Associations with asymptomatic colonization with candida in women reporting past vaginal candidiasis: An observational study

Watson, C, Fairley, C, Grando, D, Garland, S, Myers, S and Pirotta, M 2013, 'Associations with asymptomatic colonization with candida in women reporting past vaginal candidiasis: An observational study', European Journal of Obstetrics and Gynecology and Reproductive Biology, vol. 169, no. 2, pp. 376-379.


Document type: Journal Article
Collection: Journal Articles

Title Associations with asymptomatic colonization with candida in women reporting past vaginal candidiasis: An observational study
Author(s) Watson, C
Fairley, C
Grando, D
Garland, S
Myers, S
Pirotta, M
Year 2013
Journal name European Journal of Obstetrics and Gynecology and Reproductive Biology
Volume number 169
Issue number 2
Start page 376
End page 379
Total pages 4
Publisher Elsevier Ireland
Abstract Objective: Asymptomatic vaginal colonization with Candida species is a known risk factor for vulvovaginal candidiasis (VVC). Taking known risk factors for symptomatic VVC, the authors sought to identify factors associated with asymptomatic colonization. Study design: Aspart of a randomizedcontrolledtrial whichcomparedvaginal candidal colony counts in women taking garlic tablets or placebo, 192 asymptomatic women collected a baseline screening swab for Candida species. Eligibility for this study included at least one self-reported episode of VVC in the previous 12 months and age 18-50 years. Known risk factors for VVC were compared in women colonized with candida and those without colonization. Results: 37%of asymptomatic women who self-reportedVVC in the previous 12months were colonized with vaginal Candida species. Using multivariate analysis, two factors were associated with asymptomatic colonization: a current sexual partner (P = 0.02) and being born outside of Australia (P = 0.05). Use of oral contraceptives was not statistically significant (P = 0.27). Conclusions: Clinical relevance of asymptomatic colonization with vaginal yeast and its link to episodes of VVC warrants further investigation.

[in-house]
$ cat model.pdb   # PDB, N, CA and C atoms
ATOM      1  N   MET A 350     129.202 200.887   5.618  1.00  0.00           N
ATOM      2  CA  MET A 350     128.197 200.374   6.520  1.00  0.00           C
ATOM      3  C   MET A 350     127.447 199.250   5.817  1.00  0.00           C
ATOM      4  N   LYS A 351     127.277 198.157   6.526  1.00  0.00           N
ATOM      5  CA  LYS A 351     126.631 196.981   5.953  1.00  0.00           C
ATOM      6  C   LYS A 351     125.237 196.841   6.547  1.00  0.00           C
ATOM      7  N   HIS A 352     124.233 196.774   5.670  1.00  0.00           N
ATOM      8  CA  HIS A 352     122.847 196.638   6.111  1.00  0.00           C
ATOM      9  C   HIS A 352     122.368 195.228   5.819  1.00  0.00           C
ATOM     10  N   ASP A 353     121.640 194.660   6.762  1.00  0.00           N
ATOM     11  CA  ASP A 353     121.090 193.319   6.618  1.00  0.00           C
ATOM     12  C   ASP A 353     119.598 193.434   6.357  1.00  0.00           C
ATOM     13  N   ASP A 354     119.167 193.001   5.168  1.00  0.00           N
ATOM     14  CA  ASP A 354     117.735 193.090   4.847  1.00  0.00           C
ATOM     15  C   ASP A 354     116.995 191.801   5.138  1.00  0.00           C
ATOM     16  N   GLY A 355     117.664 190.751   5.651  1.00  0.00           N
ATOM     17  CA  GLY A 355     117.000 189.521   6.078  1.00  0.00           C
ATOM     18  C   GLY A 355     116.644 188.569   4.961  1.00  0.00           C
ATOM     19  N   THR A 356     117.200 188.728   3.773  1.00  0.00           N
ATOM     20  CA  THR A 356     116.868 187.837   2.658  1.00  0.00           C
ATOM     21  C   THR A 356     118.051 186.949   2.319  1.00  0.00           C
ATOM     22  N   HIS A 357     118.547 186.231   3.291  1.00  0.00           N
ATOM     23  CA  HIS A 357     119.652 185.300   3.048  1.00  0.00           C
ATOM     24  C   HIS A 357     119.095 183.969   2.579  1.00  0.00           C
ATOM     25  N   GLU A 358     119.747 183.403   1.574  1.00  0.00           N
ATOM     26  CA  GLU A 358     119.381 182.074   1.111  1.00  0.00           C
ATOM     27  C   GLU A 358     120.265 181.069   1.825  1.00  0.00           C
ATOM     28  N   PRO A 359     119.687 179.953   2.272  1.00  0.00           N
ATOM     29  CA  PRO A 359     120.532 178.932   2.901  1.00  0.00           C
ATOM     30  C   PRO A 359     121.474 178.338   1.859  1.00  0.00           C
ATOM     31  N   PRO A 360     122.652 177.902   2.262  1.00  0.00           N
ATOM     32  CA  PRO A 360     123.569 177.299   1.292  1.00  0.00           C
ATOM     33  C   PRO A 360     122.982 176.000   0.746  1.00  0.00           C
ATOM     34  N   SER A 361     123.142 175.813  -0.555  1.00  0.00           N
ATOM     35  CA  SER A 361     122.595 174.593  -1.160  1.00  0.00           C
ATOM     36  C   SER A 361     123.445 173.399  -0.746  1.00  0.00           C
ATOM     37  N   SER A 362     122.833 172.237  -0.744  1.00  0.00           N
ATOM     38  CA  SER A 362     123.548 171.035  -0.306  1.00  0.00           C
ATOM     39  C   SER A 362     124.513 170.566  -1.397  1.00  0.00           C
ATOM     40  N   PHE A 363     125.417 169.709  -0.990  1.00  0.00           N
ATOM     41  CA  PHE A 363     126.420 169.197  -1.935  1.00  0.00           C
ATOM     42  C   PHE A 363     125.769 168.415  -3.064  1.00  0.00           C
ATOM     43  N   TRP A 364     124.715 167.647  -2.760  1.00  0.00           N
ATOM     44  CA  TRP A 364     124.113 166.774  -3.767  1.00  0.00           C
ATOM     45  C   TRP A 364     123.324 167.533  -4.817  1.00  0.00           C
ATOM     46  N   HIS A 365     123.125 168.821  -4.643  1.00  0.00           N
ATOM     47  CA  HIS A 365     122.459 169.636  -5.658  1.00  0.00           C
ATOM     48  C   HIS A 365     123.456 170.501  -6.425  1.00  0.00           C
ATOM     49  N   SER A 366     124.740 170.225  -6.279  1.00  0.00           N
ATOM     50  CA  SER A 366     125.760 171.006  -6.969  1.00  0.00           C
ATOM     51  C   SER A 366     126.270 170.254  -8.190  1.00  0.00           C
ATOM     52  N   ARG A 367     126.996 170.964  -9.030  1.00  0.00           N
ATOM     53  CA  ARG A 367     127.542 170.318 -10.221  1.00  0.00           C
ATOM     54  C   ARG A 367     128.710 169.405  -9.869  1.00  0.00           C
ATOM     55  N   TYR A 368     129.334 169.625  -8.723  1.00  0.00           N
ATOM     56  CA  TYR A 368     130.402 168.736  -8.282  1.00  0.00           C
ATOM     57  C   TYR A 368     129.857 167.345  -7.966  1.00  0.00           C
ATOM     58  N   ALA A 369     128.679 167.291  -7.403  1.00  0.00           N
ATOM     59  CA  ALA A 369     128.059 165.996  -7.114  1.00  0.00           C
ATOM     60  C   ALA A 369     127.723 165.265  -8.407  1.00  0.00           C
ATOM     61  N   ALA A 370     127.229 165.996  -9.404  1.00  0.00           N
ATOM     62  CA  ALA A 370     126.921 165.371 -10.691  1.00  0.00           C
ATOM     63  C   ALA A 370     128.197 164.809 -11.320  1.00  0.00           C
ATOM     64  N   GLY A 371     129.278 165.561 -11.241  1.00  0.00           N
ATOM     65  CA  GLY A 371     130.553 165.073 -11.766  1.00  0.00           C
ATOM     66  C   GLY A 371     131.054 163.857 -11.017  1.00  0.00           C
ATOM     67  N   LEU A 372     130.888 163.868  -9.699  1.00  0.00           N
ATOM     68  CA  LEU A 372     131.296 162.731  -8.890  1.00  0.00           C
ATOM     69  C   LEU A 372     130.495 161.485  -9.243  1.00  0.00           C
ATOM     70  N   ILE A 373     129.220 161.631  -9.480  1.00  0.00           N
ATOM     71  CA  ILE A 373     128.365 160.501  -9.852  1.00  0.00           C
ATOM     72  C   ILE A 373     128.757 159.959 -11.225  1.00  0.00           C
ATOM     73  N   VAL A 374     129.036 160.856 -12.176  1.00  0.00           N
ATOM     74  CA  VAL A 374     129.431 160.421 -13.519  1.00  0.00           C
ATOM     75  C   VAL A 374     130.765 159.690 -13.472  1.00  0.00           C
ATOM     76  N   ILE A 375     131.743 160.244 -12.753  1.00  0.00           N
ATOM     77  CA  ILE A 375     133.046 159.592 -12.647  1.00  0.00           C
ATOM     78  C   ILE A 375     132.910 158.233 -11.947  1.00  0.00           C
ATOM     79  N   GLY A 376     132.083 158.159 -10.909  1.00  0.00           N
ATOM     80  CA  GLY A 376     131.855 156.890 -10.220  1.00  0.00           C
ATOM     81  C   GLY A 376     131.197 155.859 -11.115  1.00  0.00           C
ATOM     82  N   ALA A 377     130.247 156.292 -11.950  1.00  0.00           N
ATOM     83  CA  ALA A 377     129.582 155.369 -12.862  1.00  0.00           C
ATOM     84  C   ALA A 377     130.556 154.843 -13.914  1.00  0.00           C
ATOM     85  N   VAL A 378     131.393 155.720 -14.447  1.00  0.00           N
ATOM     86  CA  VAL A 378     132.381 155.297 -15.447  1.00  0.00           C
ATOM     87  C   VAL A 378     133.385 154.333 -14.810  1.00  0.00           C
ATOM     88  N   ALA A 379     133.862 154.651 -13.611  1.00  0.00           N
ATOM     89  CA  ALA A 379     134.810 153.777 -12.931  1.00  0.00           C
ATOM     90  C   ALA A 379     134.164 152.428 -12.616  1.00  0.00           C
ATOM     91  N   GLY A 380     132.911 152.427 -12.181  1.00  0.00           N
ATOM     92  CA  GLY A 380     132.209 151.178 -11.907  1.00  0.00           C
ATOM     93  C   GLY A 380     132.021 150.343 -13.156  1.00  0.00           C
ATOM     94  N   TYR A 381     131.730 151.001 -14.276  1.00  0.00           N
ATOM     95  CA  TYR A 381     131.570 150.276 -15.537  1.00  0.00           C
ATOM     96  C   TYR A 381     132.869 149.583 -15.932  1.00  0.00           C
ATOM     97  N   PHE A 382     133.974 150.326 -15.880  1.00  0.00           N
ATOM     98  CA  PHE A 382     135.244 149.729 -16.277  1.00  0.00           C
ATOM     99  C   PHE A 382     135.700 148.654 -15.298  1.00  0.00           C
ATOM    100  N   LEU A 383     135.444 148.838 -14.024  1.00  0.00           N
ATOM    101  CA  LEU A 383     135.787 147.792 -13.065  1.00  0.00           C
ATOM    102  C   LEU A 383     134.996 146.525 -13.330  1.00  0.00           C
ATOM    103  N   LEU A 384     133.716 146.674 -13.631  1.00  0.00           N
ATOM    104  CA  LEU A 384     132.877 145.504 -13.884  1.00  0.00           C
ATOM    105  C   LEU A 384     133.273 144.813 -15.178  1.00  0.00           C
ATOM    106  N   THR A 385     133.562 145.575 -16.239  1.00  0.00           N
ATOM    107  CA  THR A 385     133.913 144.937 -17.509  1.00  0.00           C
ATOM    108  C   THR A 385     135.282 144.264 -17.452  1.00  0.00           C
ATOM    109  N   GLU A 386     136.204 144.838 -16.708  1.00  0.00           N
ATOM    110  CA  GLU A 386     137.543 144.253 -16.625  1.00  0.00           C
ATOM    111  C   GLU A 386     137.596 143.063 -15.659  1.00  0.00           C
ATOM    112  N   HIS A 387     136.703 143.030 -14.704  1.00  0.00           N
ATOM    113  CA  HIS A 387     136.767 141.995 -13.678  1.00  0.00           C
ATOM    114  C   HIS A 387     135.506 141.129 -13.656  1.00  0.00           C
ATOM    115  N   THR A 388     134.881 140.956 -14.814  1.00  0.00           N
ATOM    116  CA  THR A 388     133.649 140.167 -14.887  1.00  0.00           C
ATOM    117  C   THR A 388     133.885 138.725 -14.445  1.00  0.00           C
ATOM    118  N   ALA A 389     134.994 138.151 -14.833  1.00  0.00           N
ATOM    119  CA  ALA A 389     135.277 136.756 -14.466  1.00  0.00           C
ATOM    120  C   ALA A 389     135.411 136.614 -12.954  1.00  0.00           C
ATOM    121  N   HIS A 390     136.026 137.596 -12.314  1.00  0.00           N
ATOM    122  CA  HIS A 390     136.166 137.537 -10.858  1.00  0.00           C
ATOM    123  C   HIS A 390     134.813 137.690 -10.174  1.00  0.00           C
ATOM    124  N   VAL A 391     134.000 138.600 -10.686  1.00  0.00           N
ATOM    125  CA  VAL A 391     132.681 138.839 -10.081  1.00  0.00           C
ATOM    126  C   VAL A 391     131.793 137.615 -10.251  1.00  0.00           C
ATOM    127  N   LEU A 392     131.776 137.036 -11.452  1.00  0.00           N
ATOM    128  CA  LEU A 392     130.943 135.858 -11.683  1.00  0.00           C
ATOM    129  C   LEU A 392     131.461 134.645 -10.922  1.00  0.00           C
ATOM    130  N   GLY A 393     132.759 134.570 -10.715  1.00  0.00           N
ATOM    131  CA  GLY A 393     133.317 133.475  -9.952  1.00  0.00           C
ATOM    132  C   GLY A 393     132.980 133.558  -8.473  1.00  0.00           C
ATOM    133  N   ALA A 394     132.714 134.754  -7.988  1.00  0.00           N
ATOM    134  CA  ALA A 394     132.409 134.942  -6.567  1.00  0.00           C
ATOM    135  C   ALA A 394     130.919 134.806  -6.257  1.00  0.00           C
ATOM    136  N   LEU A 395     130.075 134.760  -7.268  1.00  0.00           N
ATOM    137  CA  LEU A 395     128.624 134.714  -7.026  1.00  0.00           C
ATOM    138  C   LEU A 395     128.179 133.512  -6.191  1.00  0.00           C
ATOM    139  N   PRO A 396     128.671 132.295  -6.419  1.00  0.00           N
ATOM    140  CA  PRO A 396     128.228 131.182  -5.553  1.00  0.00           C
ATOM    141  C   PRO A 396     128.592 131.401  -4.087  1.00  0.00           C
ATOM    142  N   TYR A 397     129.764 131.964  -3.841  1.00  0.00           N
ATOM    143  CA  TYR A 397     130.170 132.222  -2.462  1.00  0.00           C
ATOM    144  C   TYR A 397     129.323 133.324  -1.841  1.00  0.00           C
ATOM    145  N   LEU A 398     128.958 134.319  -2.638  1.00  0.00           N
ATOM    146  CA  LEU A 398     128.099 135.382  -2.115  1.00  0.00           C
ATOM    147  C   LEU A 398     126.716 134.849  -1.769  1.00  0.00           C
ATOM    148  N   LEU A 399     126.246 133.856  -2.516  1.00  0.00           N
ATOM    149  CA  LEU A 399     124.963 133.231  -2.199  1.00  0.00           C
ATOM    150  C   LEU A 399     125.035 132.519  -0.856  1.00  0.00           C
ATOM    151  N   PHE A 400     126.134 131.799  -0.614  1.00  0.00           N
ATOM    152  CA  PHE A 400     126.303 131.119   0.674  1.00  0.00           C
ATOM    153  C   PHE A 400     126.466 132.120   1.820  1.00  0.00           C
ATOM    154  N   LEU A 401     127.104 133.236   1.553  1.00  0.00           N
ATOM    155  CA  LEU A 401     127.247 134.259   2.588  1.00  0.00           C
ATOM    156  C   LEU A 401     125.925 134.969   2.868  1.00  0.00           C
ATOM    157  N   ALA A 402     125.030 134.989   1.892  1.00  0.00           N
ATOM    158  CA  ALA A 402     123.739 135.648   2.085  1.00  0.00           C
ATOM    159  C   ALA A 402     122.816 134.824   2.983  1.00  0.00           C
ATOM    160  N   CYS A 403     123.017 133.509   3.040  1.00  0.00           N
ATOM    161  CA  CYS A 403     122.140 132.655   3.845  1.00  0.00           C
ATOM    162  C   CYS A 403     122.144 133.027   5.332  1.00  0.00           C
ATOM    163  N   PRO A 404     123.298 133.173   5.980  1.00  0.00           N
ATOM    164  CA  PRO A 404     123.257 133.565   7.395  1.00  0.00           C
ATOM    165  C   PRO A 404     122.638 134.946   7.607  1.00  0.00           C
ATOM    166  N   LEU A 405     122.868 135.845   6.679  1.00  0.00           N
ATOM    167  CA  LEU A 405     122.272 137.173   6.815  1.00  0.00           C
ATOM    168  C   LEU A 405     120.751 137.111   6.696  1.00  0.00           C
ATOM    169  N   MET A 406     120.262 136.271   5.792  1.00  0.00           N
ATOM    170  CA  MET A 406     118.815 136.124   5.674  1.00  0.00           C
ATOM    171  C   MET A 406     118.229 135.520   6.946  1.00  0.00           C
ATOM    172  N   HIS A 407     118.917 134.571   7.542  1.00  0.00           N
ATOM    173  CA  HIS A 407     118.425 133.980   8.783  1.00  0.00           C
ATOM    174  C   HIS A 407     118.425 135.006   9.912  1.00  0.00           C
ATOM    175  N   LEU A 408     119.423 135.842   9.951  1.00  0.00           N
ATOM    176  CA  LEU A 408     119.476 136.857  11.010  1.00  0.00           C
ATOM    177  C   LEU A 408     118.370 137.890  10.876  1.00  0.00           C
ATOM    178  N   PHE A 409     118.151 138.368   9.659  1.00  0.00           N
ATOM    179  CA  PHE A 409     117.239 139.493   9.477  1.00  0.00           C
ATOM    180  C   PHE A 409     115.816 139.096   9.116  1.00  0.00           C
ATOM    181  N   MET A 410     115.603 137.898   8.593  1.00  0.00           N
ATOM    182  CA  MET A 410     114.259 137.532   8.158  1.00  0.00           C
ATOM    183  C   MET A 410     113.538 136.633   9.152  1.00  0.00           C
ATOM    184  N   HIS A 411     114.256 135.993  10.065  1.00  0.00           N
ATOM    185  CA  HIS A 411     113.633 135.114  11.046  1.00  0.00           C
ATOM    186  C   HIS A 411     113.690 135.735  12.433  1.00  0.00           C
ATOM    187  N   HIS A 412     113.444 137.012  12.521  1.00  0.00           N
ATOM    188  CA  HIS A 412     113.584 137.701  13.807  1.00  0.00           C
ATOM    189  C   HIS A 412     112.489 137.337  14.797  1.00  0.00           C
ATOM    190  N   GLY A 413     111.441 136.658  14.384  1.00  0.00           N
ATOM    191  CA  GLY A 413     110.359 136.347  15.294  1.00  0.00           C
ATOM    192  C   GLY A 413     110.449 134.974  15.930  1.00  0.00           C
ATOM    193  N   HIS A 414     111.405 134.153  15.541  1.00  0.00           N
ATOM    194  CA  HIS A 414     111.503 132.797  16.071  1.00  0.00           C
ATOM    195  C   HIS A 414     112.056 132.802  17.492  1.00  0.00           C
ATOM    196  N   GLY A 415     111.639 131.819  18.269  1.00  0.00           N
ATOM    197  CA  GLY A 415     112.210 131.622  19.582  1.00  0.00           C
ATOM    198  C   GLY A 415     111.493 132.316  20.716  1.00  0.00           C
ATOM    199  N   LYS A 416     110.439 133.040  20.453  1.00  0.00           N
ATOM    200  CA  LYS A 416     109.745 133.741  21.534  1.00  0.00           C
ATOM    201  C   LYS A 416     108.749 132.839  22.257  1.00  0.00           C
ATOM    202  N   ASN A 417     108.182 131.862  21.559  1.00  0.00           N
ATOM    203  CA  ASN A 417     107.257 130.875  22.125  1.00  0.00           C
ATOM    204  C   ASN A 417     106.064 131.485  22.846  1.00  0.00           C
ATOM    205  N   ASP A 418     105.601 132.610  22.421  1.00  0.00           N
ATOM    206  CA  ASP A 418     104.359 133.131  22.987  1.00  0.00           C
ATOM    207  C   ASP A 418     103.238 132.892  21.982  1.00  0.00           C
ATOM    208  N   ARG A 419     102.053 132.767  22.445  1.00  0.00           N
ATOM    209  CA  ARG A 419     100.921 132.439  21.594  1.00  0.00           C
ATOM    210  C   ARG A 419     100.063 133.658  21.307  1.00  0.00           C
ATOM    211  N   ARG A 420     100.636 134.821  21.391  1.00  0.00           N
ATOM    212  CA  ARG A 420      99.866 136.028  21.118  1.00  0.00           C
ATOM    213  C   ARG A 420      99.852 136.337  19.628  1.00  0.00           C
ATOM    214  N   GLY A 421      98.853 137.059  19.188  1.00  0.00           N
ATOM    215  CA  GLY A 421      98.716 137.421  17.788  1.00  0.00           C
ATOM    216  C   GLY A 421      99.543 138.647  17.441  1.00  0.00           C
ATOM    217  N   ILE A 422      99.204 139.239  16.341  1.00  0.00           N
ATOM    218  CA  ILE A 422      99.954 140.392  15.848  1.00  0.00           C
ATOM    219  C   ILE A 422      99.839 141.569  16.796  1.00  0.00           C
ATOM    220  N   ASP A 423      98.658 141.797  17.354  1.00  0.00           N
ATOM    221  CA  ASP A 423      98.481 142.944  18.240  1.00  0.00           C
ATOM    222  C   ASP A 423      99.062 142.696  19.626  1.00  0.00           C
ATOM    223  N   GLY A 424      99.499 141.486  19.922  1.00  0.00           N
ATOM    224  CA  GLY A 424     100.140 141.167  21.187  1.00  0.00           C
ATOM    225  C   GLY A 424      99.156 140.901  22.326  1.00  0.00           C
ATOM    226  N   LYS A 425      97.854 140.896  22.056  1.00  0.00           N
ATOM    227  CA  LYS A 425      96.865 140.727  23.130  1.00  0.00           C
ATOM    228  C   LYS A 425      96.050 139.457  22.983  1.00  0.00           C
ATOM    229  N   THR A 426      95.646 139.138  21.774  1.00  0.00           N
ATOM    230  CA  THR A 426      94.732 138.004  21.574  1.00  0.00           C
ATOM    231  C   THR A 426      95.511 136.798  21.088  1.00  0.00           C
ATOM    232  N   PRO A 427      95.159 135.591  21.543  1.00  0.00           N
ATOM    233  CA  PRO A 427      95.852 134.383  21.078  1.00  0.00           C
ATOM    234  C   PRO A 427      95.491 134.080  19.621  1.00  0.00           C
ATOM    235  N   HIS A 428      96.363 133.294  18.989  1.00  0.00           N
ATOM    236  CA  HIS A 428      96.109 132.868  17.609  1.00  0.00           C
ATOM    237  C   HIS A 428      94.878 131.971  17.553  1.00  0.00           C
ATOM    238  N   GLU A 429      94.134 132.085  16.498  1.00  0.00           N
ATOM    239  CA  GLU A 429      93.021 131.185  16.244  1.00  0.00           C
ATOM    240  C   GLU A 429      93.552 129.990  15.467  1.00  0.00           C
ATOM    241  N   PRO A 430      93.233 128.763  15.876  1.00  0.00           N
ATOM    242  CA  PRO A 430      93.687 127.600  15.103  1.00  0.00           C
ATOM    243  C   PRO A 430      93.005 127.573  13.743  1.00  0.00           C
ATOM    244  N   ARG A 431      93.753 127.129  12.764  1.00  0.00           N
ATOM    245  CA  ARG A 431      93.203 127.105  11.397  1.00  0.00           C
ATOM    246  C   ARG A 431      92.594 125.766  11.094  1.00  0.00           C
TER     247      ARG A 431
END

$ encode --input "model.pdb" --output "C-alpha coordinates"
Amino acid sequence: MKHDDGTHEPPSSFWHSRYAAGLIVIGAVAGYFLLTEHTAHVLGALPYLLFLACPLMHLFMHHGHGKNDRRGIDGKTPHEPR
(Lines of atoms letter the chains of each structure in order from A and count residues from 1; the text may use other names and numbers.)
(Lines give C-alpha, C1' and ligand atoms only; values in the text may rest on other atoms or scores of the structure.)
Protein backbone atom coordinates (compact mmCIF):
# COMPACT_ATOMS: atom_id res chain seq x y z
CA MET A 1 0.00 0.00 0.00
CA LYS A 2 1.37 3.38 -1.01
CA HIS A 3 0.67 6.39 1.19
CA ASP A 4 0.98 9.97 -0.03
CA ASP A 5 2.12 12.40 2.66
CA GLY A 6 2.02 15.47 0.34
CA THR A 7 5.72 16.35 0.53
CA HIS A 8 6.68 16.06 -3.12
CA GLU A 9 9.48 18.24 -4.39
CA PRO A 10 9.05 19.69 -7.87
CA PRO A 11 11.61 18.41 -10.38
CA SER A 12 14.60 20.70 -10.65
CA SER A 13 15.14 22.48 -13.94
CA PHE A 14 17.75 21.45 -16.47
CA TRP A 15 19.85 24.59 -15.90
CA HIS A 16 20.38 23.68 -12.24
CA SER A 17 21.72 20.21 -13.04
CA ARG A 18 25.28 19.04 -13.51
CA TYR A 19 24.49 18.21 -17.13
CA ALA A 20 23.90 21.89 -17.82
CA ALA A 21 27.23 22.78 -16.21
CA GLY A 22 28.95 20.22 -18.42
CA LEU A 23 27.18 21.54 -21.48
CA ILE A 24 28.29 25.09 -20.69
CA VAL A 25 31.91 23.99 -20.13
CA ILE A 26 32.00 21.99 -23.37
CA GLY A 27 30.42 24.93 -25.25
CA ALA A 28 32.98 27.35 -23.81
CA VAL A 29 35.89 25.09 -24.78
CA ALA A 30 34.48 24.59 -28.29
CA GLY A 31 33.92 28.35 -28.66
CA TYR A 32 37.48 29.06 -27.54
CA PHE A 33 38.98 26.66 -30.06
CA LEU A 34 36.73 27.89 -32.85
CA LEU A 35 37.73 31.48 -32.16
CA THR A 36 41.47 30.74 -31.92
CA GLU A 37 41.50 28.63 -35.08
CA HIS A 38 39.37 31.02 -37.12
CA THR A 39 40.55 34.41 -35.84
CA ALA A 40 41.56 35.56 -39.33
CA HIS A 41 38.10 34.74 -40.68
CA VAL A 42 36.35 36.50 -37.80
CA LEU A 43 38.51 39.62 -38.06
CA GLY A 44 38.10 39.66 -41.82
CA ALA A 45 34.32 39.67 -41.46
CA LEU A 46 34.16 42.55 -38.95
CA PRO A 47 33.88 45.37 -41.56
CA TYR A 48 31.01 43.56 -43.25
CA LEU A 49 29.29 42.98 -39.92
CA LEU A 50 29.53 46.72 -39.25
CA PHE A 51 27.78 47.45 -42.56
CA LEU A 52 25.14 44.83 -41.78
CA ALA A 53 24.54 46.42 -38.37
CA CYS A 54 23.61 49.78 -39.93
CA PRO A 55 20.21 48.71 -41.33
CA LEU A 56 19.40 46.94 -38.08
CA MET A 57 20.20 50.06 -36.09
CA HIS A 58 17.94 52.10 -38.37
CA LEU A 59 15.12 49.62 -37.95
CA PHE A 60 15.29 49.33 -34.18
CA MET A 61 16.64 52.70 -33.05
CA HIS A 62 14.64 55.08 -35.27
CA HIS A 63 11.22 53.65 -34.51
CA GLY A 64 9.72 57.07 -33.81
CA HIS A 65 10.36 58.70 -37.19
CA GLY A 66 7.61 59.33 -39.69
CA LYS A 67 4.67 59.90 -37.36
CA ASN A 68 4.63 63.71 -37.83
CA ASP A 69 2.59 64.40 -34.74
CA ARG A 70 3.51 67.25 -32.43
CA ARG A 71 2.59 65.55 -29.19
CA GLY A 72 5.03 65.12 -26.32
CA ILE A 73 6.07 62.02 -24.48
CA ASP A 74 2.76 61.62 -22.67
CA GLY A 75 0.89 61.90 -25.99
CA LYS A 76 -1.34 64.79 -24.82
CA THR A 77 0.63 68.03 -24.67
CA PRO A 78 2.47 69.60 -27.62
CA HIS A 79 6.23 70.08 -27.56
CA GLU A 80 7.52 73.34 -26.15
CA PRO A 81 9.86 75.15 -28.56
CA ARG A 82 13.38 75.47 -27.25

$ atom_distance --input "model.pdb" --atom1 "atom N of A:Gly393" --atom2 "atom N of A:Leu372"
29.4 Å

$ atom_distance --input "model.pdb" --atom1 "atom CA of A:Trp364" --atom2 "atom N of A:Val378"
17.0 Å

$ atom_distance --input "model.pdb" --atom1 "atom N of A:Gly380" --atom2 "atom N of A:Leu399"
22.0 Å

Subject Infectious Agents
Mycology
Infectious Diseases
Keyword(s) Candida vulvovaginal garlic
DOI - identifier 10.1016/j.ejogrb.2013.03.030
Copyright notice © 2013 Elsevier Ireland Ltd. All rights reserved.
ISSN 0301-2115
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